Sacramento-area Muslims share Ramadan with members of other faiths
It’s all about humility.
So says Dr. Amin Elmallah, an emeritus dean and professor in the business department at CSU Stanislaus and a member of the Sacramento Area League of Associated Muslims.
Of course, he was talking about mountain climbing, but his assessment applied to the practice of fasting during the Muslim holy month of Ramadan as well.
“Let me tell you, it’s a much deeper experience than you might imagine,” Elmallah said of his experiences. “It’s an entirely different perspective from the mountainside. Clearer, and it leaves you with a much better concept of just where you fit in. Humility, that’s what it is.”
Elmallah’s take on mountain climbing, offered to his dinner companions over a fast-breaking meal at a recent interfaith Iftar service at the SALAM Islamic Center, was quite similar to the perspective on fasting for Ramadan that was offered by keynote speaker Dalia Wardany. Wardany is the vice principal of Al-Arqam Islamic School at Masjid Annur, another Sacramento Islamic center.
“The real point of Ramadan is not about going hungry,” she told the assembled guests, which included many local public figures as well as representatives from a number of Sacramento religious organizations. “It is about getting closer to our creator and distancing ourselves from the things that get in the way.”
That would be, according to most faiths, the definition of humility.
Ramadan, which coincided with the month of September this year, marks the month that the Quran, the holy book of Islam, was revealed to the Prophet Muhammad. Muslims observe the founding of their faith by fasting from sunrise to sunset, abstaining from both food and water during the daylight hours if they are physically able to do so.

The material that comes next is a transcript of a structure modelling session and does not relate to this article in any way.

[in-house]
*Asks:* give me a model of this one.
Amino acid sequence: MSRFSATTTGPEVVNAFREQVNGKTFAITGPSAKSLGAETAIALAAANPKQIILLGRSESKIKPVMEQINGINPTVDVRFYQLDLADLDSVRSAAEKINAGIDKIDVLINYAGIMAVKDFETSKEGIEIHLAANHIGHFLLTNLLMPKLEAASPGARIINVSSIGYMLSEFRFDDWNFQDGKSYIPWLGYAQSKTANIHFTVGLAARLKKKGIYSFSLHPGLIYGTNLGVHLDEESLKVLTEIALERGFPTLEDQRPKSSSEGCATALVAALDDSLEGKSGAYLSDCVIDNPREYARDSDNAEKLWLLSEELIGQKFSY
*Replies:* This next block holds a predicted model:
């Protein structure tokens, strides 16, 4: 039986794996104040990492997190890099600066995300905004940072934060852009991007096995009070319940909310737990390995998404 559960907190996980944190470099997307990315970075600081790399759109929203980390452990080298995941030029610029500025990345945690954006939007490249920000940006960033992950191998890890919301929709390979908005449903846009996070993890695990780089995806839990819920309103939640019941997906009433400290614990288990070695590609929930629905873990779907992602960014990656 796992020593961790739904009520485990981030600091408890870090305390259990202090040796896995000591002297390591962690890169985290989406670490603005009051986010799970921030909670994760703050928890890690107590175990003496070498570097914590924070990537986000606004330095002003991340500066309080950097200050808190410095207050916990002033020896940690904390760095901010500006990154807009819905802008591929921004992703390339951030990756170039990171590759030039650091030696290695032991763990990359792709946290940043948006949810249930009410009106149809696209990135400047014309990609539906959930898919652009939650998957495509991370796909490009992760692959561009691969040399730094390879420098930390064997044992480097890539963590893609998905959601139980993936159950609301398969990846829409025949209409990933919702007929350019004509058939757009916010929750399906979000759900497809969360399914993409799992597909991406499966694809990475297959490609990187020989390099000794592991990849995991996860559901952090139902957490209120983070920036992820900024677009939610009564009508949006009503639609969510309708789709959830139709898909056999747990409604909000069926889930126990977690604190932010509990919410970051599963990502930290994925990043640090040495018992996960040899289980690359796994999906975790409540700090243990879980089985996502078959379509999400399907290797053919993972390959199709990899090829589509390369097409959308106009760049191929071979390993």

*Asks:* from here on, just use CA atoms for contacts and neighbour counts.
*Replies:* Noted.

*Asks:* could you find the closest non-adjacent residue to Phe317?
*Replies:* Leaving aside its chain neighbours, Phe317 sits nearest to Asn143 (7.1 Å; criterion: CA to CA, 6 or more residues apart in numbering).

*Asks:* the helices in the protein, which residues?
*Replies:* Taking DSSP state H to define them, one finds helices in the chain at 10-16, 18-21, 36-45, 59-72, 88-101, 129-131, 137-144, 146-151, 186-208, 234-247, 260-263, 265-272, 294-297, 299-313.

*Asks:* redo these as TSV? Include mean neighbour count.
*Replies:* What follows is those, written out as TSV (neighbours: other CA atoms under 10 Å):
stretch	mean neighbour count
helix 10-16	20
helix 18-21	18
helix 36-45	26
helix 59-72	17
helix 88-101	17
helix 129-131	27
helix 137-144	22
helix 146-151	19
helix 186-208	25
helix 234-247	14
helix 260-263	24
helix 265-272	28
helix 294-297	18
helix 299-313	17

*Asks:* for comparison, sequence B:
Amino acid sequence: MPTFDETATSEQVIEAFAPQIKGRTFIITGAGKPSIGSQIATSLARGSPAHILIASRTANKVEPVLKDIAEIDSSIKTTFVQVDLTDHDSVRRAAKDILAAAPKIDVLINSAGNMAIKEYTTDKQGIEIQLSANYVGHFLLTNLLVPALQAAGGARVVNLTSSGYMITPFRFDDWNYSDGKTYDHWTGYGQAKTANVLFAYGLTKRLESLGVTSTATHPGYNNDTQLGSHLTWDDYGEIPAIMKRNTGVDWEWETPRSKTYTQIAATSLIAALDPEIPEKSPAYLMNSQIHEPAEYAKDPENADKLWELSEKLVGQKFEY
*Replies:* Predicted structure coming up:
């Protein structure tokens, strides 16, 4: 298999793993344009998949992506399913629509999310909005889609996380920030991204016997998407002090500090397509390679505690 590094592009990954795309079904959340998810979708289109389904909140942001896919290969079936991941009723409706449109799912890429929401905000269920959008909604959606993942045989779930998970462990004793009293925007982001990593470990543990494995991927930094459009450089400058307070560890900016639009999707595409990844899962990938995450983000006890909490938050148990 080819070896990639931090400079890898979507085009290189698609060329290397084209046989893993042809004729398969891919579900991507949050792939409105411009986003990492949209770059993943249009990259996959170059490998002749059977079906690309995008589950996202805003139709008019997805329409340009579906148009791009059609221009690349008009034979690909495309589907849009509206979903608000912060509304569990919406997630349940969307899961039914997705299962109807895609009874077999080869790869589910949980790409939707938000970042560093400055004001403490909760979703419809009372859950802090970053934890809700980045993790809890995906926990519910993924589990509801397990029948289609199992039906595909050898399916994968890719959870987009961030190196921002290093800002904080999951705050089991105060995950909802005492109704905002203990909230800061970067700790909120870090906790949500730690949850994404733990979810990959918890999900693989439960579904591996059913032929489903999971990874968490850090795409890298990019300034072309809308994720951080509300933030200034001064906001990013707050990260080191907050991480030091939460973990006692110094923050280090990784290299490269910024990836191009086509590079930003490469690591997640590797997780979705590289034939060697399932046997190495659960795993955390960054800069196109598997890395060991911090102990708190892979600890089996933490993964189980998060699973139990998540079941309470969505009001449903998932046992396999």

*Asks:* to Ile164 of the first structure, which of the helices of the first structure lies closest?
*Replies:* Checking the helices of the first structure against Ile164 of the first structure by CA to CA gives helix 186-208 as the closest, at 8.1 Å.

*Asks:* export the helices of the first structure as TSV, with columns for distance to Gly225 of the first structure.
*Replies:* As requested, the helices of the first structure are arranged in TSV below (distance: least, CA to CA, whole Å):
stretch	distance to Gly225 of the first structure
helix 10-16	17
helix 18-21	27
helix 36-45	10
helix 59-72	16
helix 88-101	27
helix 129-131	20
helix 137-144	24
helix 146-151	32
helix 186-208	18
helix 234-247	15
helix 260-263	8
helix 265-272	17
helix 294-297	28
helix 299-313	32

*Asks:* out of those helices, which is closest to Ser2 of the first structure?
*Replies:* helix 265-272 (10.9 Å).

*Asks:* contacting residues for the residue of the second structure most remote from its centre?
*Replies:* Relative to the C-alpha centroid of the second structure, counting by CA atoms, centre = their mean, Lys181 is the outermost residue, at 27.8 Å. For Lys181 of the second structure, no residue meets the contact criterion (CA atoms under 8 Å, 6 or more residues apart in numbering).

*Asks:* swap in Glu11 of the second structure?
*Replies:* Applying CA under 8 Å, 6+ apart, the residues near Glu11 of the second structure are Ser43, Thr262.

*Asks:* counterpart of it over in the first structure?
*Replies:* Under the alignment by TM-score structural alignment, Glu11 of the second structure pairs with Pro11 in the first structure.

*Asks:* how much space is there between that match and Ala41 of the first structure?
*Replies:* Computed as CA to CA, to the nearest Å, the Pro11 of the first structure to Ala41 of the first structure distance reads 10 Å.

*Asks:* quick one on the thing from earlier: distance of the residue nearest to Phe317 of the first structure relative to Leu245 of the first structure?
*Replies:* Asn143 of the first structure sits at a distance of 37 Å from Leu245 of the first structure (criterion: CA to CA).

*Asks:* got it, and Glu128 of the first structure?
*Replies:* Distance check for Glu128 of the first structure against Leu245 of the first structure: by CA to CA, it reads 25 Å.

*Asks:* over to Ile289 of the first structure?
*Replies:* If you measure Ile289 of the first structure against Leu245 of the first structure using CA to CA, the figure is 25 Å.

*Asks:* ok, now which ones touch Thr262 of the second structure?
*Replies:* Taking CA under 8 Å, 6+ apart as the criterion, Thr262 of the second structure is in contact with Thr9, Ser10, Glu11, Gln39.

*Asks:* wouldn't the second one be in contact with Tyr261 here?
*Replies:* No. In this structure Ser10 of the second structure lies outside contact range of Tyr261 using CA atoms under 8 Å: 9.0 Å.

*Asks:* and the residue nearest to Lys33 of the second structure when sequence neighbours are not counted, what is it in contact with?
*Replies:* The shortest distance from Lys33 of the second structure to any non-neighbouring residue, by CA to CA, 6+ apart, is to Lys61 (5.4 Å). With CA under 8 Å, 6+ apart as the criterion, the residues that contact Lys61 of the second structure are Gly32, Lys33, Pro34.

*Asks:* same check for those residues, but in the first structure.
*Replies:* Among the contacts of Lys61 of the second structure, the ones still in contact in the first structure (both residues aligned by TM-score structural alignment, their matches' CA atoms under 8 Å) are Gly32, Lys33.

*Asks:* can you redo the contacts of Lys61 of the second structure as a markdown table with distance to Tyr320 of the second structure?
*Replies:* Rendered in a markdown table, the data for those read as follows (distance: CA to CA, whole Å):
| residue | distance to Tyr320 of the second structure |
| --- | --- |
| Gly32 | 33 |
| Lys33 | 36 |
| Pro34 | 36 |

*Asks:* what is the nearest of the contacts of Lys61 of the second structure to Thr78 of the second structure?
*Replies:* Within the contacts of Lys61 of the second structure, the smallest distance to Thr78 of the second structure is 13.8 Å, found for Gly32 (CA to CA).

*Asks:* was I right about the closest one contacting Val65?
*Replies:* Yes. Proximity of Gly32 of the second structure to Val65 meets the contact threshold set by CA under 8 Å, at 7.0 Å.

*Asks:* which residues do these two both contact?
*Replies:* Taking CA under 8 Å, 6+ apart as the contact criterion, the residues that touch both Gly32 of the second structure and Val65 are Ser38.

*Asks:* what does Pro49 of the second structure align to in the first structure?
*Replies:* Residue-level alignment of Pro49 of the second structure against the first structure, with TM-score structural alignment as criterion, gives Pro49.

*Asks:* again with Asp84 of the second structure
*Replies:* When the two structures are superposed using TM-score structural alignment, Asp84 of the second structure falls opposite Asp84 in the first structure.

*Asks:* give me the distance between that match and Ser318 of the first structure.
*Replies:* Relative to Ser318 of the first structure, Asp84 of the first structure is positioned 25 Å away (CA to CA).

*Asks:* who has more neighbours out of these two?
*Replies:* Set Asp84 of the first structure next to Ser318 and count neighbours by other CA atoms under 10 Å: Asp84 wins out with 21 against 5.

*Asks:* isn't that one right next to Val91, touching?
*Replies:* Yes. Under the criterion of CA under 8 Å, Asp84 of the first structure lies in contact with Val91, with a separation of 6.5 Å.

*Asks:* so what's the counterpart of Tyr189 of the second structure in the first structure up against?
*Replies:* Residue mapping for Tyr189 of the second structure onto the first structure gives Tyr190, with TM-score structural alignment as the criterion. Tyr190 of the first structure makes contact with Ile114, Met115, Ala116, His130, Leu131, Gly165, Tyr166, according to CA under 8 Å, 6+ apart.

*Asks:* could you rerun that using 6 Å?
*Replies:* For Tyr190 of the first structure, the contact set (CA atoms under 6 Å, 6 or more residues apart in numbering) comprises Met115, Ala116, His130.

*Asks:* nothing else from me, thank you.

According to Wardany, Ramadan provides an opportunity to take inventory, to reflect on one’s life and actions, to break bad habits and build new ones. “Ramadan is a training period that teaches us that human beings do have what it takes to resist temptation,” she said. The period has what she described as the “Ramadan spirit” of peace and piety.
In this case, that spirit extended to non-Muslim friends, as SALAM welcomed them to break the fast with members of the congregation. Representatives of a number of area churches and synagogues were present, as well as some of the center’s neighbors and some public officials, including Mayor Heather Fargo. SN&R’s publisher, Jeff vonKaenel, was honored with an award for his work with the Building Unity project.
For those who were neophytes to Islamic practice, it was a far less exotic experience than might be imagined. To assume that all Muslims are fundamentalists is as shortsighted as assuming that all Christians must be Amish who shun modernity’s trappings.
Such assumptions are incorrect, of course. Much of the leadership in SALAM is made up of women, not all of whom choose to wear the veil, known as a hijab. Furthermore, the congregation includes people with roots—either via immigration or ancestry—throughout the world. Yes, there are blond, blue-eyed Muslims, as well as American-born Muslims like Wardany. Sacramento’s Muslim community is as diverse and American as apple pie—or baklava, which was available in sweet abundance.
America’s shared belief in religious freedom and diversity was the theme of Wardany’s discourse. As an American, she never expected to have her identity questioned simply because of the faith she practiced, as it was in the days following 9/11. “In this country, we can count on, no matter who, no matter where, no matter when, our rights are guaranteed, including the right to practice our religion as we choose,” Wardany said. “That’s what makes this a great country.”
That seemed to be one thing upon which everyone could agree. Another point of agreement? The meal was as good as the company.